When researchers or policymakers ask health related questions — which they do a lot — they often rely on self-reported rather than tested health data. IIASA researchers looked into how reliable this type of data is for research and found that, depending on country or age, self-reported data could be highly biased.
Declining fertility rates and increased life expectancy has resulted in increasing numbers and proportions of older people in populations across the world. Policymakers, as well as public and private healthcare providers need to understand how healthy the older population is to, for example, plan for future healthcare facilities and answer questions related to the employability of older individuals, which is in turn relevant in the context of adapting pension systems. Since most information for these topics comes from self-reported health data, it is important to understand how reliable this data is, especially in the context of population aging in Europe where governments are increasingly concerned with the health of the population, the care of the elderly population, and the comparison of health measures between countries.
Self-reported data is collected when individuals are simply asked to tell an interviewer about how they see their own health status. This method requires less time and is more cost effective than tested data, which is why it is much more readily available. Tested health data on the other hand, requires a nurse, other health professional, or trained interviewer to collect data through, for instance, cognitive and physical performance tests or blood samples that require more time and effort.
In a study published in the journal PLOS ONE, IIASA World Population Program researchers Sonja Spitzer and Daniela Weber explored when it is feasible to use self-reported health data for research, and when it would be preferable to rely on performance tests. Using micro-data for more than 100,000 individuals over the age of 50 from 19 European countries from the Survey of Health, Ageing, and Retirement in Europe (SHARE), they tried to determine which demographic groups could reliably be compared using self-assessed health data, and which groups could not, based on similarities or differences in their reporting behavior.
To this end, they compared the self-reported health measures from SHARE with their tested equivalent. Participants in SHARE were, for instance, asked if they experienced any difficulty in getting up from a chair. Following this self-report, participants were asked to physically stand up from a chair allowing the observer to see whether there was a difference between the self-reported and “real” mobility of the person. A similar measure was used for cognition, where individuals were first asked to rate their memory, after which they were asked to participate in a memory test where they had to recall a list of 10 words.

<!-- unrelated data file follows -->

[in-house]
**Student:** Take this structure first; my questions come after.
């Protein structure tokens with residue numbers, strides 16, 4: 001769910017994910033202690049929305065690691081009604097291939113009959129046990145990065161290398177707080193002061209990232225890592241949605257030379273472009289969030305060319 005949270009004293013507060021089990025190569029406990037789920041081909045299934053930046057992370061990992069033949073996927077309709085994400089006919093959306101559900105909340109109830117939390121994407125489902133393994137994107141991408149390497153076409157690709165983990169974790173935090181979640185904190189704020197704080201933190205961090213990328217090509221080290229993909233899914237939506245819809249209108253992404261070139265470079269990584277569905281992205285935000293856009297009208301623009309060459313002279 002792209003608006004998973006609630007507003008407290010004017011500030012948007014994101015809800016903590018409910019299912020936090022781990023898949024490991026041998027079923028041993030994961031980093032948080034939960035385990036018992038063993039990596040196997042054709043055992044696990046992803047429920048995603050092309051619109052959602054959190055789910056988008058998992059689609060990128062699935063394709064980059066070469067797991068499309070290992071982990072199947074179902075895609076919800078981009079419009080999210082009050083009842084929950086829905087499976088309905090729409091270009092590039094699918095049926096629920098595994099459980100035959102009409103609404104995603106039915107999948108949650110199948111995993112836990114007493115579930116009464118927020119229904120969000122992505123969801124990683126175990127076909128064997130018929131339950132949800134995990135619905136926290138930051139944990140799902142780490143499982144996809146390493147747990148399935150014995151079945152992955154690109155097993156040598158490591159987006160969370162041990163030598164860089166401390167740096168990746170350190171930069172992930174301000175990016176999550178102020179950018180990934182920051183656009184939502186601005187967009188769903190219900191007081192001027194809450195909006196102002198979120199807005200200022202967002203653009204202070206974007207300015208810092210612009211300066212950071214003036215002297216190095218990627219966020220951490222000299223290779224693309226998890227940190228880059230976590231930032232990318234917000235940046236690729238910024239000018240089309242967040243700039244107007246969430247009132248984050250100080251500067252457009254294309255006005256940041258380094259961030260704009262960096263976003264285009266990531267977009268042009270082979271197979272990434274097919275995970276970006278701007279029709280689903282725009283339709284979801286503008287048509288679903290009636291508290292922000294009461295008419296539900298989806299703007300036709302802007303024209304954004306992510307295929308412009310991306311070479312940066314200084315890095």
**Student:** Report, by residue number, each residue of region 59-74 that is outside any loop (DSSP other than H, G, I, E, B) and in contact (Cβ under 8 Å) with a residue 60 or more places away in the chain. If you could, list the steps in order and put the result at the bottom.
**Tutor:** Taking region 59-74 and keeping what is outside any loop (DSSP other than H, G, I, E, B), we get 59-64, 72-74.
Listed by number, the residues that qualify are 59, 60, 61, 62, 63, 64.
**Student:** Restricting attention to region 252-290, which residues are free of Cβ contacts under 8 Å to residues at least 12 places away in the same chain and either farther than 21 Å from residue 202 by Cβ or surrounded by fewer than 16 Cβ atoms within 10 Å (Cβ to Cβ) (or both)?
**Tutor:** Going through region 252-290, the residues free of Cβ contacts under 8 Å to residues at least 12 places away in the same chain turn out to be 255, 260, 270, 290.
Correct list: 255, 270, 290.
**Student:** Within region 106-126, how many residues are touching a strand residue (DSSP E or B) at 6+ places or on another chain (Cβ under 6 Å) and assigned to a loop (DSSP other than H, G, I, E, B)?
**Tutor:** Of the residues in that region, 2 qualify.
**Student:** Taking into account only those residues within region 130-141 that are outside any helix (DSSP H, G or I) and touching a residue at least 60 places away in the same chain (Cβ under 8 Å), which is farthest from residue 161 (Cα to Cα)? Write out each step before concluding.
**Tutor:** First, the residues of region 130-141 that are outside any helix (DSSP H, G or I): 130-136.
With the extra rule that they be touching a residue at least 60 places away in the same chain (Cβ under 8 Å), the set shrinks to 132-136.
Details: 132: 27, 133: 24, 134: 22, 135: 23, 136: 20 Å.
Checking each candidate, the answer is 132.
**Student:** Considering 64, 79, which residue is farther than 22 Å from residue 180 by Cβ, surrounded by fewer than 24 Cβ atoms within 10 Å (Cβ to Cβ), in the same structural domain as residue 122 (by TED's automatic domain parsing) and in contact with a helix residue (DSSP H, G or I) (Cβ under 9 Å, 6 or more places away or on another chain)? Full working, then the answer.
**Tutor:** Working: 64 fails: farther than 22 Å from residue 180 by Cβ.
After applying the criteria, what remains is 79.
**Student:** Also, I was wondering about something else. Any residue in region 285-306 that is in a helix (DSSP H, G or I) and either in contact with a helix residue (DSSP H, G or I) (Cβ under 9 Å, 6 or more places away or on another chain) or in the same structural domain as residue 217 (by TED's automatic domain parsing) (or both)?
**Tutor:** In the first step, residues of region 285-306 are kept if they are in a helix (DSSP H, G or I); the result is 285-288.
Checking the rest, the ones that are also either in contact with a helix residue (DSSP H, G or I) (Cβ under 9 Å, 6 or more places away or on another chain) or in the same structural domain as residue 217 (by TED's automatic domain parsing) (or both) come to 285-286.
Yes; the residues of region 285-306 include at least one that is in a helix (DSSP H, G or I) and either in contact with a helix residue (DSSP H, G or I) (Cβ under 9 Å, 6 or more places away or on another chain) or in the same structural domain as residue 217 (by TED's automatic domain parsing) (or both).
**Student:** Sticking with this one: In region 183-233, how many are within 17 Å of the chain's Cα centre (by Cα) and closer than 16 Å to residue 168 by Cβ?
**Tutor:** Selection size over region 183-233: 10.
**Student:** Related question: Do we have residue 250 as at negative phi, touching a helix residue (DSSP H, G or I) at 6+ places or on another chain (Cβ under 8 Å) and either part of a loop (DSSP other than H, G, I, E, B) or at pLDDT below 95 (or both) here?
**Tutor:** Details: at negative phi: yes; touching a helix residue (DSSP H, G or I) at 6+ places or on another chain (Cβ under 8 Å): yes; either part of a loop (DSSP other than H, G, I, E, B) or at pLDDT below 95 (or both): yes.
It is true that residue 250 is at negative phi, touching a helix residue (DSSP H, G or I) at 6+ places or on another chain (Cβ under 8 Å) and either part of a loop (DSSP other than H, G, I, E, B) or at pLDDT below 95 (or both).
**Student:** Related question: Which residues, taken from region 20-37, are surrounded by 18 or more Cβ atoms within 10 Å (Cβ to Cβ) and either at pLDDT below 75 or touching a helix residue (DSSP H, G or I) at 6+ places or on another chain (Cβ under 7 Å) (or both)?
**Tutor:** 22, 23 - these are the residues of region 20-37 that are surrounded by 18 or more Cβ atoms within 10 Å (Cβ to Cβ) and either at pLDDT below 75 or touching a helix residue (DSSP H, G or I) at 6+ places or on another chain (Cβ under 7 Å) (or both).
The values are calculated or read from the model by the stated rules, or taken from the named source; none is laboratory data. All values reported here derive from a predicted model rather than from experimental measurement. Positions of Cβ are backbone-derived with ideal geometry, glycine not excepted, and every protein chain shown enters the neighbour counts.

“We found large differences in reporting behavior between countries and age groups, which indicates that one has to be careful when comparing the health of countries or age groups based on self-reported data. Southern Europeans, for instance, are more likely to overestimate their health,” says Spitzer.
In Italy, for example, only 19.4% of respondents reported to have difficulty getting up from a chair, while in fact, 24.1% were unable to stand up when they were tested. Looking at this statistic, comparing self-reported health in Southern Europe with self-reported health from other countries might lead to biased results, as Southern Europeans could appear healthier than they actually are. According to the researchers, Southern, Central, and Eastern Europeans are overall much more likely to misreport their physical and cognitive abilities — both in terms of underestimating and in overestimating them — than Northern and Western Europeans.
The study further found that the older individuals are, the more likely they are to misreport their health and that a person’s educational level might also play a role in how they report their perceived cognitive ability.
“While 85.5% of respondents “get it right” in the age group 50-54, only 65.6% do so in the age group 90-94. This makes it difficult to compare the self-reported health of older individuals to that of younger individuals,” Weber explains. “Reporting behavior also differs a lot between educational groups, especially when it comes to questions about memory. It seems like educated individuals are much more aware of their current health status than less educated individuals.”
Previous literature has also shown or speculated that women report their health much different from men, but although this study also found some differences, they were not very large. According to the authors, this indicates that women “cheat” as much as men do when it comes reporting on their health — at least for the mobility and cognition dimensions that were considered in the study. In addition to the above, over- and underestimating health does not only harm the reliability of survey data, but also individuals themselves. Previous research showed that overrating health, for example, is also associated with riskier health behavior — older individuals that overestimate their physical ability are, for instance, more prone to suffer fall-induced injuries.
“We want researchers and policymakers to understand that one has to be careful when relying on self-reported data, because these data are prone to reporting biases. We however also want to emphasize that self-reported data can still lead to valuable and informative research if the data is treated with care,” Spitzer concludes.